One reason all these resources are available is that firefighters here still work a 56 hour three watch system, which is also quite common in many other US cities.

Added by Rob Johnson on 31 August 2014.
There's not much evidence of lives being lost due to lack of aerial response is there? BTW the survey was carried out when aerials were crewed and I distinctively remember riding a TL and going to very little other than AFA's day in day out. You've got to ask yourself if you are a CFO and an aerial costs not far short of half a million can you justify it without carrying out a suitable audit. Let's have a have survey on here, how many of us are/were aerial operators and how may rescues did we carry out between us. I'll start I was operational on aerials as a firefighter for 10 year before promotion, lives saved by the aerial - none..

Added by Glenn Ramsden on 03 September 2014.
In the US, their aerial rigs serve a completely different role to aerials in the UK. Which is why I think they have so many more over there. Ignoring the ridiculous white elephants that we in the UK call CARPs, dedicated UK aerials are solely a height appliance for (as we have already discovered) rare rescues, water towers and height inspection purposes. They carry no water and no rescue equipment. Our engines carry all that; they really are a 'jack of all trades'.

US engines are more-or-less soleley a firefighting vehicle. Their primary job is to get water down. (Some do have other roles - rescue squads etc.). But usually it's their ladder trucks that carry all the rescue equipment, and all the tools needed to gain entry, to ventilate a fire, and to cut away to get at hidden hotspots. This explains why US fire departments have so many aerial trucks. They work in tandem with the engine. I think the actual 'stick' in many cases is seen as a bonus, a bonus that they often bring to the party at, say, a house fire where an aerial attack may not necessarily be a nessesity. But if you've you got it, you might as well use it, right! It's very rare to see an aerial appliance at a UK house fire. The usual attendance would be two, three or four engines.

The ladder/boom is no doubt the most expensive part of the whole rig. This is why, in an attempt to save money, Phoenix Fire Department in Arizona (there might be others) run many ladder trucks with no actual aerial stick. They are more or less an equipment truck that it is mobilised when an aerial is definitely not required: road traffic collisions, for instance. It makes perfect economic sense really. Imagine how much diesel is wasted hauling all that not-required weight around. Historically the price of fuel has never really bothered the US, but lately that is becoming more of a concern. Maybe the Phoenix model might become more common. Maybe the multi-role US truck has had its day, in much the same way the UK single-role aerial has seemingly had its.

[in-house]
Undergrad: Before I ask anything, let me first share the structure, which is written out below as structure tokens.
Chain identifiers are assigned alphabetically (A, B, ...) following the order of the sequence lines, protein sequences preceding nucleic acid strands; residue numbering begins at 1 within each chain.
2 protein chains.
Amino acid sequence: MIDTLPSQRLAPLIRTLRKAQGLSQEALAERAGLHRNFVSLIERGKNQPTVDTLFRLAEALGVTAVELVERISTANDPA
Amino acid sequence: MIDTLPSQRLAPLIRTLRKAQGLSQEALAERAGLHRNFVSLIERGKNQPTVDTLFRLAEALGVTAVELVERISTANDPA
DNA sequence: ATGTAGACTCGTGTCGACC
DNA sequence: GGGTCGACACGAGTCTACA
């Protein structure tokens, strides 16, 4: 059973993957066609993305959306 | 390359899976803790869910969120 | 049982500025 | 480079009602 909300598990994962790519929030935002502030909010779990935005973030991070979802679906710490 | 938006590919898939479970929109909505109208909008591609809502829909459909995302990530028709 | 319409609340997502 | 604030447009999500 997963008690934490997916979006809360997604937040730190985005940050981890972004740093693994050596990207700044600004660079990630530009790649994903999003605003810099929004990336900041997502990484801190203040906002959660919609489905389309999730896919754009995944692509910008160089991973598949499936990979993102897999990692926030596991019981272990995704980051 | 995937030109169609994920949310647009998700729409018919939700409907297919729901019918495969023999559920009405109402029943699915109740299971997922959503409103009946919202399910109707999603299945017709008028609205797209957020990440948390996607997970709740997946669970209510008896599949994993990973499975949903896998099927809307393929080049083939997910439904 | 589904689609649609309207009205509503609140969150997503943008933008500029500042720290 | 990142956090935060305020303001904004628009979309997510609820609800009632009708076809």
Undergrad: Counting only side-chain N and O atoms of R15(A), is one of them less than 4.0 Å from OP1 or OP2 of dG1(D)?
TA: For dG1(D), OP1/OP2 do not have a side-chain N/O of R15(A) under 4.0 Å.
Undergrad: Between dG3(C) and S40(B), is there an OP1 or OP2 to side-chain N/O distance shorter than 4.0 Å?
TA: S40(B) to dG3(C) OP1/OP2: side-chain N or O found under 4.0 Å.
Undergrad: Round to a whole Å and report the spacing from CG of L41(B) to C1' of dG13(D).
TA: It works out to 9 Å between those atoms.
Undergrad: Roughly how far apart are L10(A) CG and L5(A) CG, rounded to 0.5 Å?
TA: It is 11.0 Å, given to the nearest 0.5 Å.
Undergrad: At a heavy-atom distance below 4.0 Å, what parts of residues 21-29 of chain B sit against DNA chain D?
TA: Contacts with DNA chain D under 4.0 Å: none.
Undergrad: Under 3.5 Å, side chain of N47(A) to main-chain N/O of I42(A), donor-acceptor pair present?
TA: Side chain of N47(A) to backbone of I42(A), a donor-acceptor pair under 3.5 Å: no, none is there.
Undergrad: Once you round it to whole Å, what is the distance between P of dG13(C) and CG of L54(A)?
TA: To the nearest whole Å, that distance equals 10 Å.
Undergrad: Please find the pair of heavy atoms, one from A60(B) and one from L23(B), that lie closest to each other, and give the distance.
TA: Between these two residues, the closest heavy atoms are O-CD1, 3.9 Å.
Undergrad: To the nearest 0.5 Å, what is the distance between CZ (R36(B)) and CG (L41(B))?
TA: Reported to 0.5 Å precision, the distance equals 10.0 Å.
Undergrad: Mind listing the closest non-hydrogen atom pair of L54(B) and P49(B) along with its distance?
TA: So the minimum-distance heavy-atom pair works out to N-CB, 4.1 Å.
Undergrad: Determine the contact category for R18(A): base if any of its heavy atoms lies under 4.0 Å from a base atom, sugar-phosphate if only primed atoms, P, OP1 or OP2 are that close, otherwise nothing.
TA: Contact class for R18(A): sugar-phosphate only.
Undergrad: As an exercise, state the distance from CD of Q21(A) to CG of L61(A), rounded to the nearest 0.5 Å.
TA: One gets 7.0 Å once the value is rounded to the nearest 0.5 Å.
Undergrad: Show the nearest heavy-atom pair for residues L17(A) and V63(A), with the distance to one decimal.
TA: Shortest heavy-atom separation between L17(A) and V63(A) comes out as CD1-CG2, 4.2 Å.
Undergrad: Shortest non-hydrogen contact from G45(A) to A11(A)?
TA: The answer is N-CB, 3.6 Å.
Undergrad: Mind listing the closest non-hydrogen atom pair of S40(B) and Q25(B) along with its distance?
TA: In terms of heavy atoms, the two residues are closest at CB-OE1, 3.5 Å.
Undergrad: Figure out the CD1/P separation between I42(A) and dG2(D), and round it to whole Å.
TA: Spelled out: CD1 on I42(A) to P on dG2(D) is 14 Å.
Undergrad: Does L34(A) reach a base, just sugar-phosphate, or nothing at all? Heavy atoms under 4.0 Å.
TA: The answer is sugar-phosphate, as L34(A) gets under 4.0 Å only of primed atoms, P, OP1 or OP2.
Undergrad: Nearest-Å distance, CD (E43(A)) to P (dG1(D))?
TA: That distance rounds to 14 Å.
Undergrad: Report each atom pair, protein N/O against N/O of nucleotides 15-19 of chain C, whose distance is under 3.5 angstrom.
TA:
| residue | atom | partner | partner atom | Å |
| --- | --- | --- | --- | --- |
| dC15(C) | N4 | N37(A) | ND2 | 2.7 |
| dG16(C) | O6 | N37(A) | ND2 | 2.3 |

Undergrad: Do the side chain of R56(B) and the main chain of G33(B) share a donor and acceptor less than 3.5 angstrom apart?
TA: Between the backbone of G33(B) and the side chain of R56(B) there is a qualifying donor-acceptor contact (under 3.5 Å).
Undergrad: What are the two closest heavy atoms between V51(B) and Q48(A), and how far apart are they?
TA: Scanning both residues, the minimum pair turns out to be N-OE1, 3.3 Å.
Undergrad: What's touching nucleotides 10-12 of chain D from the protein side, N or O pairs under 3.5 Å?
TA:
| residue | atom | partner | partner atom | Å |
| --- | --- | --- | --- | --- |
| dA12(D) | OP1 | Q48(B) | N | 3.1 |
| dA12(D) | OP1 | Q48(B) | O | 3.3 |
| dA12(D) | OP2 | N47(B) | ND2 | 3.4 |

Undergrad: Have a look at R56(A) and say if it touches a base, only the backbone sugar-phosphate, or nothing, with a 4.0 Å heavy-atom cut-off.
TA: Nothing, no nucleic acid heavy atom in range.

Added by Yelp Bullhorn on 07 September 2014.
As you well know Glenn...Ariel's are not just life saving appliances..they are high reach for water towers..safe working platforms..easier access to places at high level...unfortunately a 'disease' started in our brigade ( and I'm sure in others too) where officers wishing to appear 'efficient' did not ' make up' ariels when in truth they should have done for the simple fact of safety of their personnel ...I can remember one incident where an ADO we both know returned an HP that was en route as part of the PDA as it was 'not required' only to then have to request a TL from Scunthorpe for firefighting and crew safety...I'll join your survey and state lives directly saved none...lives of firefighters maybe saved by giving them a safer working environment maybe one or two...jobs attended with TL or HP in use as a water tower or for access.. more than a few...lives saved by using the cage or harness to lower casualties more quickly from height... two I think ?....in 32 years operational service !
As for Ariel's costing about half a million..why did we go down the route of CARPS then ? Costing at least half as much again..then finding out in most cases they were 'not fit for purpose' and in Humbersides case running it as a dedicated Ariel..cost effective ?...I don't think so...oh yes it was .....Frank said it had already paid for itself in wages saved by cutting jobs at Grimsby Peakes Lane ( its original destination as a CARP)...where is it now ? ...Scunthorpe as a retained crewed Ariel !..therefore both Scunthorpe and Grimsby have lost 8 or 10 firefighters each !!

Added by Rick Loudon on 09 September 2014.
31 years of which approx half on tl/alp , 3 lives definately saved and about thirty or so rescues involving walking /lowering people

Added by Donny on 15 September 2014.